Emphasis For Work Names (looking for Hats)
Administrivia/ How To Write An Example # Emphasis For Work Names
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(permanent link) added: 2013-12-08 10:47:40 sponsor: crazysamaritan (last reply: 2014-06-29 13:08:23)

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How to Write an Example entry: (modify existing entry)
  • State the source: The name of the work the example comes from should be clearly stated, ideally near the beginning of the example. The work's name should be put under the proper namespace (ex. ''VideoGame/TombRaider'' will give you Tomb Raider, ''Film/{{Titanic}}'' will give Titanic). Listing a character name, episode name, or actor's name is no substitute for the series name. (No, not even if you Pot Hole it.) Listing a well known quote and leaving it at that is also clumsy. Being clever is always fun but being clear is much more important. Author's names are also acceptable when referring collectively to multiple series by them.
    • Emphasis For Work Names: Most works are considered "Long Works", and their names should be bracketed by two apostrophes (''), which render the work in italic font. There are two exceptions exist to this rule: Shorter works, like a single song, a chapter title, or television episode, are bracketed with Quotes ("). Personalities and sacred texts, however, receive no emphasis.
      • Long Works are for titles of Albums, Television series, serial magazines. Poems long enough to be published as a novel are also considered Long Works. Most works covered by TV Tropes fall under this category. When in doubt, it is better to use italics, and have it fixed later. Italics help to differentiate the work name from other blue links.
      • Short Works are for titles of songs, Television episodes, essays. Some works covered by TV Tropes fall under this category. Most works in the Recap/ Name Space are episodes or chapters, and need to be put in quotes. When discussing a poem included in a collection of works, that version of the poem is put in quotes, even if other versions of the poem are published as novels, and therefore emphasized with italics. Quotes differentiate the short works from the long works.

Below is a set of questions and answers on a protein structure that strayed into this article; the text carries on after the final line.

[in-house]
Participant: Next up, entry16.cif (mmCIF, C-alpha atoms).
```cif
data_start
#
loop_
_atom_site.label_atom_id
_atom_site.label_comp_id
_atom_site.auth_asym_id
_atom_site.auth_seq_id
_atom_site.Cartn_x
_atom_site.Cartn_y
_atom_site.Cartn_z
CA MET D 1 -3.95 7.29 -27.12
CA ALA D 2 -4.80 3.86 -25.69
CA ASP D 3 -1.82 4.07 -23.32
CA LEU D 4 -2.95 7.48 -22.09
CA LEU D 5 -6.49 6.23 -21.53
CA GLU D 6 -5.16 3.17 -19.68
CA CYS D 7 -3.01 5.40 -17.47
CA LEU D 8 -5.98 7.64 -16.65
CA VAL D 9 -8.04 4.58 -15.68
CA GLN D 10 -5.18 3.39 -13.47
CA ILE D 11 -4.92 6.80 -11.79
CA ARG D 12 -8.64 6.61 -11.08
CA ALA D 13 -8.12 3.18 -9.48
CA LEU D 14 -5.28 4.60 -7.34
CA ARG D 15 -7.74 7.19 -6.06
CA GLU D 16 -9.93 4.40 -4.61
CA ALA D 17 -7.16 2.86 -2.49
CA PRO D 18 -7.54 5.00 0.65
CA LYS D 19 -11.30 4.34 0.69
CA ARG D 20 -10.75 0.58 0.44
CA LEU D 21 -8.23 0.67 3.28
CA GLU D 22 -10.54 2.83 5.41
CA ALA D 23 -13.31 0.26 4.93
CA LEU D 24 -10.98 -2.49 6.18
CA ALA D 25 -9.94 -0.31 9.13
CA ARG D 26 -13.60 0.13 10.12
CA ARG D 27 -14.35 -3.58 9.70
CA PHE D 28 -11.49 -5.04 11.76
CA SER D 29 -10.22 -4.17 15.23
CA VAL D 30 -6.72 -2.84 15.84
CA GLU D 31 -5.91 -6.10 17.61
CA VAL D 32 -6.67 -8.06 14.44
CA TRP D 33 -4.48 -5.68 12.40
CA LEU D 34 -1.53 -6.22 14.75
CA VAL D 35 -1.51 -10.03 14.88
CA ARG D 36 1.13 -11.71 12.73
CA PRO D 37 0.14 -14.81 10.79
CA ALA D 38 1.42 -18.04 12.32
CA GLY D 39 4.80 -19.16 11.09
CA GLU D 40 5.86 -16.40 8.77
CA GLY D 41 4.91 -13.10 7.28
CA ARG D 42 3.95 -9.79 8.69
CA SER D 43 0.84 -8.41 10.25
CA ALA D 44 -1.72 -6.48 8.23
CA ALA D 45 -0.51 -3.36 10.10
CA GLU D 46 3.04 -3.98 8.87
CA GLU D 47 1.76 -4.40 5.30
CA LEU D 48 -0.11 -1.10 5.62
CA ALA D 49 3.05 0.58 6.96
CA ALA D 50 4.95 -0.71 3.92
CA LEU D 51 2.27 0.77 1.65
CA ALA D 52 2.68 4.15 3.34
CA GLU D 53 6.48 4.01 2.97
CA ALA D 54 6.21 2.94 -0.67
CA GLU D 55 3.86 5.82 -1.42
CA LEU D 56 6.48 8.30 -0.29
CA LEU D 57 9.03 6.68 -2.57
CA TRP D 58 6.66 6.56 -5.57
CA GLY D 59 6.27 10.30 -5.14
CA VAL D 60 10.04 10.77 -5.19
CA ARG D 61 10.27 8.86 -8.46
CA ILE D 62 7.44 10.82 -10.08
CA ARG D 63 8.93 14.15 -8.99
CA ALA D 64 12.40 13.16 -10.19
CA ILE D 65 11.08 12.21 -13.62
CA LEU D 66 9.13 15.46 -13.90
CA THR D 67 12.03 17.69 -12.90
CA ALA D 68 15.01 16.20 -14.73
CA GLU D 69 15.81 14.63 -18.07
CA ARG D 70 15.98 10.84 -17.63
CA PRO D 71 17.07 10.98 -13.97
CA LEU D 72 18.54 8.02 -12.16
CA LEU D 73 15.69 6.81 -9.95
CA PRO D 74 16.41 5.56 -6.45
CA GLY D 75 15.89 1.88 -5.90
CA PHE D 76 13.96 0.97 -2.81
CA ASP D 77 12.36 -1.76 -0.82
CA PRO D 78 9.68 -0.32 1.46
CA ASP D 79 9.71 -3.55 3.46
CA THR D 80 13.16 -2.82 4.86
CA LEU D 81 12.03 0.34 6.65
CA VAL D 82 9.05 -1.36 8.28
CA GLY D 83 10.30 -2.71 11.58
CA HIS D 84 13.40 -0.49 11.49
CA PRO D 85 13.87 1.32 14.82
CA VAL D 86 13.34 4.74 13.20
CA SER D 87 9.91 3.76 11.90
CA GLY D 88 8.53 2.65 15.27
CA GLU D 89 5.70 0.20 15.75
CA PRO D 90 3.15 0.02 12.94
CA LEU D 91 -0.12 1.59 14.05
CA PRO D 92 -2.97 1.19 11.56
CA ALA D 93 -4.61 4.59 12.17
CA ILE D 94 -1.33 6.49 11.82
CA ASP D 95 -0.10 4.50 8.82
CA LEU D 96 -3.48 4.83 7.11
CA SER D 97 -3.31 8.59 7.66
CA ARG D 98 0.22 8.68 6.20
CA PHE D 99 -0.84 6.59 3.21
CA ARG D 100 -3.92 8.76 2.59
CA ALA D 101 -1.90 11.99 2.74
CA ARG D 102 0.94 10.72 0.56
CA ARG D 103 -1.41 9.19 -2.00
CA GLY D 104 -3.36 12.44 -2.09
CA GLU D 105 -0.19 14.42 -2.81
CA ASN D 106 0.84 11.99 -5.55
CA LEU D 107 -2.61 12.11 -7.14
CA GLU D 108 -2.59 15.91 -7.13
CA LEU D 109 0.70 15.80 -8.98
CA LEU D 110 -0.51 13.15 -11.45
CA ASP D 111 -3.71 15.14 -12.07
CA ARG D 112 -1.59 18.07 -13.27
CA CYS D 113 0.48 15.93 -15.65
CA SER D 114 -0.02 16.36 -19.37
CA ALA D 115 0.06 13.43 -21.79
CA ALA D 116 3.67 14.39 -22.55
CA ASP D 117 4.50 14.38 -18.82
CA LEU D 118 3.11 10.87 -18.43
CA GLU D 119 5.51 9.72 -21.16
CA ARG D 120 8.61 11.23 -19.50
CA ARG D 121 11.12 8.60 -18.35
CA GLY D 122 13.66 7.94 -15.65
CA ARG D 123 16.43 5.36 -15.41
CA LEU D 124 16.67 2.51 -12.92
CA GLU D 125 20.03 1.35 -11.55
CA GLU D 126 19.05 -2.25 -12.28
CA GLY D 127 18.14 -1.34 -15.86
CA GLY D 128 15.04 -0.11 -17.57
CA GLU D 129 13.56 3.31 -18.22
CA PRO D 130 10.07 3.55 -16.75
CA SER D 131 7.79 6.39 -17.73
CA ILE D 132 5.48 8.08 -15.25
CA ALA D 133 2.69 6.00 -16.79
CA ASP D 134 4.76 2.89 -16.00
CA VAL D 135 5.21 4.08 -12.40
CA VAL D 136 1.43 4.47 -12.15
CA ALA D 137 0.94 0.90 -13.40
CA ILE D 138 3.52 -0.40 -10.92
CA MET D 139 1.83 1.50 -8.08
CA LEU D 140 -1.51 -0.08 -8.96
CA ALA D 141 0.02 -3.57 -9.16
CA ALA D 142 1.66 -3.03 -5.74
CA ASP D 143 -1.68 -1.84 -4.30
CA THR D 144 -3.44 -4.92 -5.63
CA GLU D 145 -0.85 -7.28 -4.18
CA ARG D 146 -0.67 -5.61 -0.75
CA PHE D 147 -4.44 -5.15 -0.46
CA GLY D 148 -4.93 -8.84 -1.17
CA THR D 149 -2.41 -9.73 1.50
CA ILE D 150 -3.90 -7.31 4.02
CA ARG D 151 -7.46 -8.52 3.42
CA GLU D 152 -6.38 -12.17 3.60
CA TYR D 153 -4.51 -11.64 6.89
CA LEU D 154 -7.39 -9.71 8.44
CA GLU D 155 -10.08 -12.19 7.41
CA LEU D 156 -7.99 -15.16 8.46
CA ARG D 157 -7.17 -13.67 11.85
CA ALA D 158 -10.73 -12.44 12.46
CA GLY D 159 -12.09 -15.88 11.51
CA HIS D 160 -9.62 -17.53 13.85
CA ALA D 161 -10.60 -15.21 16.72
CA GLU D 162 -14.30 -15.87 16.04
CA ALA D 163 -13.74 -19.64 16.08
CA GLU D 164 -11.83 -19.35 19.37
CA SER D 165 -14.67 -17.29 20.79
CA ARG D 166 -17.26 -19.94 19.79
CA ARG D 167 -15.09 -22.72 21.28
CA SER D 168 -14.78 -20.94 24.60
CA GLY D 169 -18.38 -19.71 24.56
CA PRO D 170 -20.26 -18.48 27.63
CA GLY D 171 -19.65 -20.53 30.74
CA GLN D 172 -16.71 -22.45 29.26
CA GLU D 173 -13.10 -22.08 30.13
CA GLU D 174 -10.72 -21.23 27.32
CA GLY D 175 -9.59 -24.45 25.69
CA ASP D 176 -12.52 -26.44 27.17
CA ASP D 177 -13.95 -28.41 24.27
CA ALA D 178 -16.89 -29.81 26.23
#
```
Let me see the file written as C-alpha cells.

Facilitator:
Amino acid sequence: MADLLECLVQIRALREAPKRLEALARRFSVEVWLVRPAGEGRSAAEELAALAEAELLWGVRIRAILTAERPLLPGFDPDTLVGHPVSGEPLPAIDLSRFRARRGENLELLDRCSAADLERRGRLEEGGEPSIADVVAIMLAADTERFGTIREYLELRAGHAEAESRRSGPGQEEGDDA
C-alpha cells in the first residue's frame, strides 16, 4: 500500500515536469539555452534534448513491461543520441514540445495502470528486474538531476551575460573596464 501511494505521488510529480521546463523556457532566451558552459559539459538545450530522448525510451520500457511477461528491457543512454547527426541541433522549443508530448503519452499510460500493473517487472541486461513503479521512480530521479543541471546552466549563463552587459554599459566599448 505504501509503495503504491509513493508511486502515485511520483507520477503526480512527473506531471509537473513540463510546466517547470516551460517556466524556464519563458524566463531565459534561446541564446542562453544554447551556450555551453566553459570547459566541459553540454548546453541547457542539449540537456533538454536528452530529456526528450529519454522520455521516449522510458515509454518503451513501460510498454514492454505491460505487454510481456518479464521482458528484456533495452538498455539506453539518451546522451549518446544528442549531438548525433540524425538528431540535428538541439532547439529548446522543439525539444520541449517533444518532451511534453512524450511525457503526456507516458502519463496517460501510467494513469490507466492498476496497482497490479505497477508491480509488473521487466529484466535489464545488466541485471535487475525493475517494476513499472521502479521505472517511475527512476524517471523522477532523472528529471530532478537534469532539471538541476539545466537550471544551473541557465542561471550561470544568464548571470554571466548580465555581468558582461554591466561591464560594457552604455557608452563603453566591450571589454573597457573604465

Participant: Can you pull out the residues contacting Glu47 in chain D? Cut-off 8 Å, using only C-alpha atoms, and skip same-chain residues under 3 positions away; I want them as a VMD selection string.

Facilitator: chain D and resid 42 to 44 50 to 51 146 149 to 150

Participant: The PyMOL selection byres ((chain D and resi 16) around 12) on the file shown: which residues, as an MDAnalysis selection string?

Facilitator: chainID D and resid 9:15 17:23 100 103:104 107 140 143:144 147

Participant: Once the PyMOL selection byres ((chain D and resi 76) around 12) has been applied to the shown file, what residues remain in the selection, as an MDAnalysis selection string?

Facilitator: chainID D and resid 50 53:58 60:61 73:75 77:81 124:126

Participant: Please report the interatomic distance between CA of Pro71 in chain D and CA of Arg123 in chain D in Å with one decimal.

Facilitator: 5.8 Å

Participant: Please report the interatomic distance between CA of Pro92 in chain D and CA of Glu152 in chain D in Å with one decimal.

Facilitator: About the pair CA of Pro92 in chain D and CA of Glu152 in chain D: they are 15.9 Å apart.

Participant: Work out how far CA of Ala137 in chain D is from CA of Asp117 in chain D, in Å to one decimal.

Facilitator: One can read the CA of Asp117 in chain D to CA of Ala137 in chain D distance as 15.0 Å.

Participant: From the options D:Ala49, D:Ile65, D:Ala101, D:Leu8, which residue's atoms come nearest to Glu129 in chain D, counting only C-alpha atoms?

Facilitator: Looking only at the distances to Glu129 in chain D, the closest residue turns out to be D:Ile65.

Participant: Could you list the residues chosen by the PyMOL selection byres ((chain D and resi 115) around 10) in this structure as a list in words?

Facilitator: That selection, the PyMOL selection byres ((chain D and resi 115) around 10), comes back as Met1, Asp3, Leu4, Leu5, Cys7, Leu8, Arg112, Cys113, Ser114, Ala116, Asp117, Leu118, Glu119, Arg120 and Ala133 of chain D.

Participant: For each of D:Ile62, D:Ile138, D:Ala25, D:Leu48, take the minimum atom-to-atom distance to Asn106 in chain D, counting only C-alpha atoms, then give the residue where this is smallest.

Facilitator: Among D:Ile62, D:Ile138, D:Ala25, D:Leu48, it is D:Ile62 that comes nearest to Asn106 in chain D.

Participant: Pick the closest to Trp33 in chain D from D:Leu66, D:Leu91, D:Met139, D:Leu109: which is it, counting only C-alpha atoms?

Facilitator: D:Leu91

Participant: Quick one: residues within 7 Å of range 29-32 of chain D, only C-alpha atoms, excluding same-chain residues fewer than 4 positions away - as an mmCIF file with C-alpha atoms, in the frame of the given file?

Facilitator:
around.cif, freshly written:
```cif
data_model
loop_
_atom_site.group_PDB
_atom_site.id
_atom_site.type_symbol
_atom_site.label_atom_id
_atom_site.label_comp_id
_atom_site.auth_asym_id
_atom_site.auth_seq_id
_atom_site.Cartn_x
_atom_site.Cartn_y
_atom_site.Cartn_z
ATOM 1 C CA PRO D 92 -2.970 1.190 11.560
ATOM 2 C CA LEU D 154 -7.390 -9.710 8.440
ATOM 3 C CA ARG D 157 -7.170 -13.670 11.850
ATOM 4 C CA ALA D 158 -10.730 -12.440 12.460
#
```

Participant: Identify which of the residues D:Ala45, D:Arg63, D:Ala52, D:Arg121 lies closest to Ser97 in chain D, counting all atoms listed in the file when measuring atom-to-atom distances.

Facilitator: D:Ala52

• Personalities are a relatively recent invention; Band names, Wrestling persona, and Character persona are the primary examples of this work type. Works that are linked by a common name or theme, but not a Franchise name, are also included in this category. Examples are Discworld (linked by setting name), Dragaera (linked by the name of the dominant race/empire), and Matthew Swift (Linked by Protagonist Name).
      • Sacred texts, such as The Talmud, are a special example of a work that is linked by a common name or theme, but isn't part of an overall "franchise" name. None of the sub-books receive emphasis either. If you are citing a specific edition of the text, that is the only occasion to use italics. Otherwise, the name is a general statement of the many works that share the same name.
      • NOTE: Citing a TV Tropes page anywhere else follows the same rules. TV Tropes for the website (italics for the website), "Administrivia: Welcome to TV Tropes" for the welcome page (quotes for individual pages), and no emphasis for Troper names.
    • State the Word Of God source (unchanged)
    • Be Specific (unchanged)

How To Create A Work Page FAQ section:
  • What emphasis do I use for the title?:
    Whatever you do, it does not belong in boldface-font. Most works are in italic fonts, made by typing ''italic fonts''. Shorter works have "quote marks" around them, and a select group have no emphasis added at all. For more information, read How To Write An Example#EmphasisForWorkNames.


Welcome to TV Tropes Editing Articles folder:

  • There is a Standard English way to format examples. Titles of films, series, and albums are italicized. Use two separate apostrophes around the title: ''Series/ThePriceIsRight'' for The Price Is Right. Titles of shorter works, such as episodes and songs, are in quotes: "Ride of the Valkyries". Only a few works have no emphasis, and none have boldface font. See How To Write An Example#EmphasisForWorkNames for details. Really, take a look at it.

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